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Deepening Economic Woes

Posted March. 14, 2008 03:05,   


As seen in the rising unemployment rate and the increase in the number of unsold apartments, which recently reached a new high since the 1997-98 financial crisis, Korea’s economic woes are deepening.

Worse yet, prices are expected to keep rising due to soaring international oil prices and the surging won-dollar exchange rate. Stock prices have also dropped.

The Korea National Statistical Office announced on March 13 that the number of the economically inactive population in resting reached 1.63 million as of February this year, surpassing the 1.6 million mark for the first time since 2003 when the agency began collecting relevant data.

The number of those who have been job-hunting unsuccessfully rose to 607,000, unprecedentedly exceeding the 600,000 mark in February.

In sum, the number of economically inactive people (which include 819,000 of unemployed people, those who are not actively seeking employment and those preparing for employment) reached 3.05 million as of February, up 83,000, or 2.8 percent, from a year ago when the number stood at 2.97 million.

As more and more newly built apartments have failed to find potential buyers, concerns have been mounting over possible chain reaction bankruptcies of smaller constructors without enough capital.

The Ministry of Land, Transport and Marine Affairs announced March 13 that the number of unsold apartments reached a record-high of 123,371 as of late January 2008, surpassing the previous record of 116,433 set in July 1998 when the nation was suffering from the financial crisis.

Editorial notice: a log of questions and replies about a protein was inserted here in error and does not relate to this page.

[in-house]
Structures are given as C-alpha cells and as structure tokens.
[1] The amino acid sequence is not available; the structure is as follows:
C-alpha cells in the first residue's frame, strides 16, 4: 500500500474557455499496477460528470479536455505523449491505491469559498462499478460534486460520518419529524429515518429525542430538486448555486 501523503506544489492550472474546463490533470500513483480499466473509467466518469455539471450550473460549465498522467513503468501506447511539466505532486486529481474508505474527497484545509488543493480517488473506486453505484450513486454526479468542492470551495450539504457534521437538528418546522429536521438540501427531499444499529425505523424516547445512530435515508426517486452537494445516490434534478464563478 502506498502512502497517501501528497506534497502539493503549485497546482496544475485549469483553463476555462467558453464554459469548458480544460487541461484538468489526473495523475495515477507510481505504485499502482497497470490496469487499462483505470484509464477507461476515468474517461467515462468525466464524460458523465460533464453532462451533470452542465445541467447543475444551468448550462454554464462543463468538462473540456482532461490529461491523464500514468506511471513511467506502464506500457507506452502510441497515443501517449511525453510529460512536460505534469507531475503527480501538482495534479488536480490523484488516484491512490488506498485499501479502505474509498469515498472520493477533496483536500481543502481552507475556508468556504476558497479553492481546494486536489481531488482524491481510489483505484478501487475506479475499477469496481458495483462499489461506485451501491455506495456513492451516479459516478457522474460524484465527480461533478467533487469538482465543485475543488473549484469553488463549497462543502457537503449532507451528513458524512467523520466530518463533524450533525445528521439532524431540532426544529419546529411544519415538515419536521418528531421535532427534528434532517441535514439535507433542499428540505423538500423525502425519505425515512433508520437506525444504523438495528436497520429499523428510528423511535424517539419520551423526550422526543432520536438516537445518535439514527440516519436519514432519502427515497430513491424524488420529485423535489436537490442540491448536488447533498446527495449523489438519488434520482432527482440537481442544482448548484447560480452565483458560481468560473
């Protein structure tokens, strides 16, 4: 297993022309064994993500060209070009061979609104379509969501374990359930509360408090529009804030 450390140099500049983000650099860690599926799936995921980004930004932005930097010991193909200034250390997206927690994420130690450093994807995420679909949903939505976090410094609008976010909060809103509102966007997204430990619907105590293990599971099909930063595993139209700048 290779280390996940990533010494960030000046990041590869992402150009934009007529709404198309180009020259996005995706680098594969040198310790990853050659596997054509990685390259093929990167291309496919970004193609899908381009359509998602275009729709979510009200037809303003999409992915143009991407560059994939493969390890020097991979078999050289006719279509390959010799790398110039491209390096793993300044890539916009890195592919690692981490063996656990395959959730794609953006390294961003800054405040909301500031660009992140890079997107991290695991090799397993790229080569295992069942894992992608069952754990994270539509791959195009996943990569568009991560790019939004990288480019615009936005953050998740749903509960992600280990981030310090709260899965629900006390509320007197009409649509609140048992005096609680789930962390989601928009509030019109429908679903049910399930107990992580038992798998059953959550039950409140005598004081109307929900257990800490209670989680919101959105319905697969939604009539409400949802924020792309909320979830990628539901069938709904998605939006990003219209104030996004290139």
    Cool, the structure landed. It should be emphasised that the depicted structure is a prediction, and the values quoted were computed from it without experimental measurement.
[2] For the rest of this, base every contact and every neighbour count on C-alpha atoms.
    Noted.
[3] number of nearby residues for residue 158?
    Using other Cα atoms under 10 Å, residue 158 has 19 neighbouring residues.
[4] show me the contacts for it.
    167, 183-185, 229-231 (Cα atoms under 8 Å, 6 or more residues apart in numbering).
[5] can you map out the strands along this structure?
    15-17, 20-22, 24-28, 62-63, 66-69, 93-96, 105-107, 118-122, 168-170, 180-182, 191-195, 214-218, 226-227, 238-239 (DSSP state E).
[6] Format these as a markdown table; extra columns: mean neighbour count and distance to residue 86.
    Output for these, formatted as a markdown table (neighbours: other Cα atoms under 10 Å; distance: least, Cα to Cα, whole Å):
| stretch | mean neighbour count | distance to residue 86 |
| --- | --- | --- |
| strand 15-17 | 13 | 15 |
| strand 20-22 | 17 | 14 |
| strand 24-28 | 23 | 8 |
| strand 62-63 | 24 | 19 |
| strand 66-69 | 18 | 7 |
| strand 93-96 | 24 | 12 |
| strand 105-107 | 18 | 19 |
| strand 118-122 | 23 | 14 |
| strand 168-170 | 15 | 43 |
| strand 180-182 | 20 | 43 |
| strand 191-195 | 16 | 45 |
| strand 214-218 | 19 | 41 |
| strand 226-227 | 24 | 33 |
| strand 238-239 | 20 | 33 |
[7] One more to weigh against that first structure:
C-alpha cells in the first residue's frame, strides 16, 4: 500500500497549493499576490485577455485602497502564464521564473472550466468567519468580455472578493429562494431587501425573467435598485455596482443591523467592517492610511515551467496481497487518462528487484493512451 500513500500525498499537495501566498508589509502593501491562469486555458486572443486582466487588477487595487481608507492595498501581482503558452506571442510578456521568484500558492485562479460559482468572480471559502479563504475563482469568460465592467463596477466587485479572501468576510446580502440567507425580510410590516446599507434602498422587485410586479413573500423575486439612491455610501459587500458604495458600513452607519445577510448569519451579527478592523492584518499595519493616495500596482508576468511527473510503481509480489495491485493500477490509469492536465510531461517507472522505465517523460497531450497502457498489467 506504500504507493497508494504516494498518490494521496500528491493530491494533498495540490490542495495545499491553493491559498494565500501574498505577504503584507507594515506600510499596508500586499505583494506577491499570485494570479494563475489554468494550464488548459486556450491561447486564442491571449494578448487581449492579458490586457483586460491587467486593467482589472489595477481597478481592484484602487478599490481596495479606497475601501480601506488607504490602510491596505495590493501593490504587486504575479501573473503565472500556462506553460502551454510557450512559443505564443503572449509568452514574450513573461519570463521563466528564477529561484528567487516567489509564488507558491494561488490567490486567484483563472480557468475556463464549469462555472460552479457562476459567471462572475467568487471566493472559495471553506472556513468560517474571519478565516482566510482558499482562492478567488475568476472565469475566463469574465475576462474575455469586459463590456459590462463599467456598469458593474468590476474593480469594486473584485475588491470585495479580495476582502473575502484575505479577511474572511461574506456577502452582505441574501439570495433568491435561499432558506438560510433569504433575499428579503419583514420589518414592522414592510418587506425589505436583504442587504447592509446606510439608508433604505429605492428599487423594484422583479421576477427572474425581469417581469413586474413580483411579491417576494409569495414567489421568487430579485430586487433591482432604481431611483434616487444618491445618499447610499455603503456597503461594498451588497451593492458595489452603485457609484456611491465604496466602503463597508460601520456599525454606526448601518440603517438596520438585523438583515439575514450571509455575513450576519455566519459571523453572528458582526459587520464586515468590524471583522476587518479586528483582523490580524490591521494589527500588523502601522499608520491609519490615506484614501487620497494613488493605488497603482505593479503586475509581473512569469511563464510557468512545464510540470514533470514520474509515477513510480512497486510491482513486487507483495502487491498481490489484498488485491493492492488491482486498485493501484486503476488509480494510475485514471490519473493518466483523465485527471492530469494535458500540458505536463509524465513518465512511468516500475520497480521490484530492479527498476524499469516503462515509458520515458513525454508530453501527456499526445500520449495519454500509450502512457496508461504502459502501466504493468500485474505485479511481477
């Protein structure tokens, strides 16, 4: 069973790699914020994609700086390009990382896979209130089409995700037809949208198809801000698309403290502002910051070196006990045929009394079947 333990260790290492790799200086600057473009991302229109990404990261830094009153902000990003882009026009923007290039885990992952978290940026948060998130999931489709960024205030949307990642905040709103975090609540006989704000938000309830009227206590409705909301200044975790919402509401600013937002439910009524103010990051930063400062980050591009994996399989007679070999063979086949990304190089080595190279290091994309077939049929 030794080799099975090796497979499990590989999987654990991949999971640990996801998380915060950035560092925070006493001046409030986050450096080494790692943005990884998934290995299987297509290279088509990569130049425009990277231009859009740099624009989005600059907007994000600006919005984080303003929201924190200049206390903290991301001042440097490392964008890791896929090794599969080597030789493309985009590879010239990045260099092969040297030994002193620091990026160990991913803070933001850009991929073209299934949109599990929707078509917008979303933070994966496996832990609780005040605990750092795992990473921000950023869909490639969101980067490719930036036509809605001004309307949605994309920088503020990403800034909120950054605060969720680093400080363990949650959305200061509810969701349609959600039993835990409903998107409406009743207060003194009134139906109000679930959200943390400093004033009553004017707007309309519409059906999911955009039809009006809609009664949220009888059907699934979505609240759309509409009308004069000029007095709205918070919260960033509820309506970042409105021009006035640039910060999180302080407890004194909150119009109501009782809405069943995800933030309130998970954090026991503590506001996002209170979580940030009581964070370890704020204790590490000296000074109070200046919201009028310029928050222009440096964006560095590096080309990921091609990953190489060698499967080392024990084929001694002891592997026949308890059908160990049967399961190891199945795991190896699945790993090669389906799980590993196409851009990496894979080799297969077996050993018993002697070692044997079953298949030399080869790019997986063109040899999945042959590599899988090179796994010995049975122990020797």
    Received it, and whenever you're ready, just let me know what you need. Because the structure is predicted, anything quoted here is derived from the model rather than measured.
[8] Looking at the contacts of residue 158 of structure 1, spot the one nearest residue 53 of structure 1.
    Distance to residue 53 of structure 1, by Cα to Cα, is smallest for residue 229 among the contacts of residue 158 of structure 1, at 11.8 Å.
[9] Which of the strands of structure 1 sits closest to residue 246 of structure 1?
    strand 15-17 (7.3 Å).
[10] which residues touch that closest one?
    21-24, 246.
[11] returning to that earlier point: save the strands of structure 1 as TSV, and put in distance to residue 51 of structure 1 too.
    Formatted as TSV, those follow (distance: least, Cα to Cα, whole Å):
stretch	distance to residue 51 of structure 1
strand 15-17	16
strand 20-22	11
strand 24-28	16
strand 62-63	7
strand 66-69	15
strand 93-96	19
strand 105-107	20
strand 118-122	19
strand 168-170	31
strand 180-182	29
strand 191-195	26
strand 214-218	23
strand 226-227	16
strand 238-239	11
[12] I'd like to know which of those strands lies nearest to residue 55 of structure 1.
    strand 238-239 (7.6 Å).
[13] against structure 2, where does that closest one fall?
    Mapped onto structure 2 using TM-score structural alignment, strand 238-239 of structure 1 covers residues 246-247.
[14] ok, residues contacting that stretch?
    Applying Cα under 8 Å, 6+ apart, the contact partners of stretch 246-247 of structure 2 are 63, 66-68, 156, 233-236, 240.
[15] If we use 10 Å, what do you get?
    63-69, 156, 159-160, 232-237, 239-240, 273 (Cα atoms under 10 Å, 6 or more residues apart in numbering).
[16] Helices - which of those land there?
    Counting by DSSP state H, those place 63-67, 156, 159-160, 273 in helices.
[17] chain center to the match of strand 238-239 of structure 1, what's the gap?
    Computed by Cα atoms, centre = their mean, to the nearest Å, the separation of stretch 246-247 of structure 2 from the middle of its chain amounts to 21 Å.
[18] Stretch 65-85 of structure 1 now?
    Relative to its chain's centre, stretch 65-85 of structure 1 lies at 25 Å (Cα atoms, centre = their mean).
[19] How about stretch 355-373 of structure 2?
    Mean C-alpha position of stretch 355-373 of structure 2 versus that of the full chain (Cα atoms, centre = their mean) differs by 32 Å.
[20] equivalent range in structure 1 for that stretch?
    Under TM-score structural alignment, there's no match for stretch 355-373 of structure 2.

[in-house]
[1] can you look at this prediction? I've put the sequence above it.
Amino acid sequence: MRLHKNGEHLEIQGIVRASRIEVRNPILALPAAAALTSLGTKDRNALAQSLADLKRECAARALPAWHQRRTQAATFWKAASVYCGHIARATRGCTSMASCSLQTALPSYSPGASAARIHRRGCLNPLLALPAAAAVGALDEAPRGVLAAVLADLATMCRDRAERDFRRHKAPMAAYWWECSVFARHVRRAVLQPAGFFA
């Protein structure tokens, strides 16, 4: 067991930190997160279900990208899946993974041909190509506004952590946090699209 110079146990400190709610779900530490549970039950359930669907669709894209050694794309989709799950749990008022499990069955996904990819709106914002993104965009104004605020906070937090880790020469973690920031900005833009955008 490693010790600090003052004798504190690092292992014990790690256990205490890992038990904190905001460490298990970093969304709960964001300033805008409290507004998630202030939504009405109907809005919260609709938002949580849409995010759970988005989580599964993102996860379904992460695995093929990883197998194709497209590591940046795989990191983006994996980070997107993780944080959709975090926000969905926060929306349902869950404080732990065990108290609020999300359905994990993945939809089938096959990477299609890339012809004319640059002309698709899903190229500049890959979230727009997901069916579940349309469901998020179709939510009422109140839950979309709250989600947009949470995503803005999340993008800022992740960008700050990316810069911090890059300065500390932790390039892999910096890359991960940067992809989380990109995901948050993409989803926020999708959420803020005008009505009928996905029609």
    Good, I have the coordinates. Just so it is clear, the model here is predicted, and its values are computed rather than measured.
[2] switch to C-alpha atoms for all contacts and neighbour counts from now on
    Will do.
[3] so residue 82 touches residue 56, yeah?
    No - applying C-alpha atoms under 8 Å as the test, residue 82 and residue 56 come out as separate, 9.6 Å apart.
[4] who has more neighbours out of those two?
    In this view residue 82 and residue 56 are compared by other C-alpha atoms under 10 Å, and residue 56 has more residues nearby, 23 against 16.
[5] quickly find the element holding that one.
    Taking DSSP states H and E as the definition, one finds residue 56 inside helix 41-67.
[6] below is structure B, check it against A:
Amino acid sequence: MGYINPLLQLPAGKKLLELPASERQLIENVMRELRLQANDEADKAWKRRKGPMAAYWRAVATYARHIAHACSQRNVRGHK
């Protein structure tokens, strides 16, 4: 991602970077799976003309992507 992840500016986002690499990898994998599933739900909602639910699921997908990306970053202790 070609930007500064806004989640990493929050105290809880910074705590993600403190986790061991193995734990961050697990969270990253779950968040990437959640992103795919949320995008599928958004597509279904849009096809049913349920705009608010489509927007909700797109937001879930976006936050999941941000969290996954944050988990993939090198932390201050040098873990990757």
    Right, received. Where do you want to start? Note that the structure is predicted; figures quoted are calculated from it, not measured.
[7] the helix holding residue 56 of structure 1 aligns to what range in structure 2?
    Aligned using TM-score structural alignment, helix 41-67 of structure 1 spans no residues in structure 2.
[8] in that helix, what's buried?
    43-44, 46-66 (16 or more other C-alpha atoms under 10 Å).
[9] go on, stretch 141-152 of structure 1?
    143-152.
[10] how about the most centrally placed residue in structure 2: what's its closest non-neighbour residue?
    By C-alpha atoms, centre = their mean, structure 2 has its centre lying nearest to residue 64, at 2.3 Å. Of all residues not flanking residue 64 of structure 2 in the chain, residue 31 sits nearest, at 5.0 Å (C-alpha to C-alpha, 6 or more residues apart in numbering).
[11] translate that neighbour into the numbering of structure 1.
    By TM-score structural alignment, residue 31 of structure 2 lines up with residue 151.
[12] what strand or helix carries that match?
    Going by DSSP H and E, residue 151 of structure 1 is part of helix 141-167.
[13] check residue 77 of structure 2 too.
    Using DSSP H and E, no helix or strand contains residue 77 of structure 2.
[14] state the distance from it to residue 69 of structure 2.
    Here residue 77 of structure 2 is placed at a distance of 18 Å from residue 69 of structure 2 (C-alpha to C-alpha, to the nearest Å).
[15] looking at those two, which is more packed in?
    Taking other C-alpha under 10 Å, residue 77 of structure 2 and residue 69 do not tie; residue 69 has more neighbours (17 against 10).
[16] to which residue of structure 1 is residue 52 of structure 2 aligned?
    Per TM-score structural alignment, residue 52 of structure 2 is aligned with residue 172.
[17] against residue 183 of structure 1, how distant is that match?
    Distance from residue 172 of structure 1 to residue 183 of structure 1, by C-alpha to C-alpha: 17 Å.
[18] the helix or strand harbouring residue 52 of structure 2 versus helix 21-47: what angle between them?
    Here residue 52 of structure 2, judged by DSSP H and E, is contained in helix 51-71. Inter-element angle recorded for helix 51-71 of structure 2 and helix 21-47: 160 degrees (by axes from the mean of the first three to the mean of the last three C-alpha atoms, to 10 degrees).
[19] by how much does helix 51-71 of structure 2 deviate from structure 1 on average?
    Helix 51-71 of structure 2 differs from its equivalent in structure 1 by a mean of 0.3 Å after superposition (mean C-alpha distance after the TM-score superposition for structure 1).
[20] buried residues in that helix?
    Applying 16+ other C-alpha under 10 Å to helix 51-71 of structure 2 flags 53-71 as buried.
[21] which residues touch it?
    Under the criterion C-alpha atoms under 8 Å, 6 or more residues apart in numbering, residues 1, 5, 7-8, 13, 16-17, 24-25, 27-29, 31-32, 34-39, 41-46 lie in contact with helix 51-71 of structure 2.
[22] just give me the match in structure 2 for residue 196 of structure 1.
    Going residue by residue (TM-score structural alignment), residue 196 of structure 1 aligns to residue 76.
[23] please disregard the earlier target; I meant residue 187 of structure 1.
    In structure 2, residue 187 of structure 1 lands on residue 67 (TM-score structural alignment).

What’s more worrisome is that increasingly more apartments are being left unsold even after the completion of construction and that the number of unsold apartments has sharply increased in Seoul and the metropolitan area which usually enjoy surging demand for housing. Due to the dollar’s depreciation, international oil prices even exceeded $110 per barrel on Thursday.

On the New York Mercantile Exchange, West Texas Intermediate for April delivery increased $1.17 (1.1 percent) to set a new high of $109.92 per barrel on Wednesday. At one point, WTI futures even soared to $110.20 per barrel during the day.

Worse yet, the rapidly depreciating won is likely to further raise consumer prices.

At the Seoul foreign exchange market, the won-dollar exchange rate jumped 11.10 won to close at 982.4 won yesterday, rising for the 10th consecutive day and surpassing 980 won per dollar for the first time in two years.

At 3 p.m. Thursday, the won surged 37.2 won from a day ago to reach 980.4 won to 100 yen, surpassing the 980 won per 100 yen mark for the first time in 37 months since Feb. 7, 2006 when 100 yen were exchanged for 983.4 won.

In the wake of the surging won-dollar exchange rate and stock market crash in the U.S. a day ago, the nation’s benchmark KOSPI plunged 43.21 points (2.6 percent) on Thursday to close at 1,615.62 and the tech-heavy KOSDAQ index dropped 9.48 points (1.5 percent) to 621.81.

jefflee@donga.com higgledy@donga.com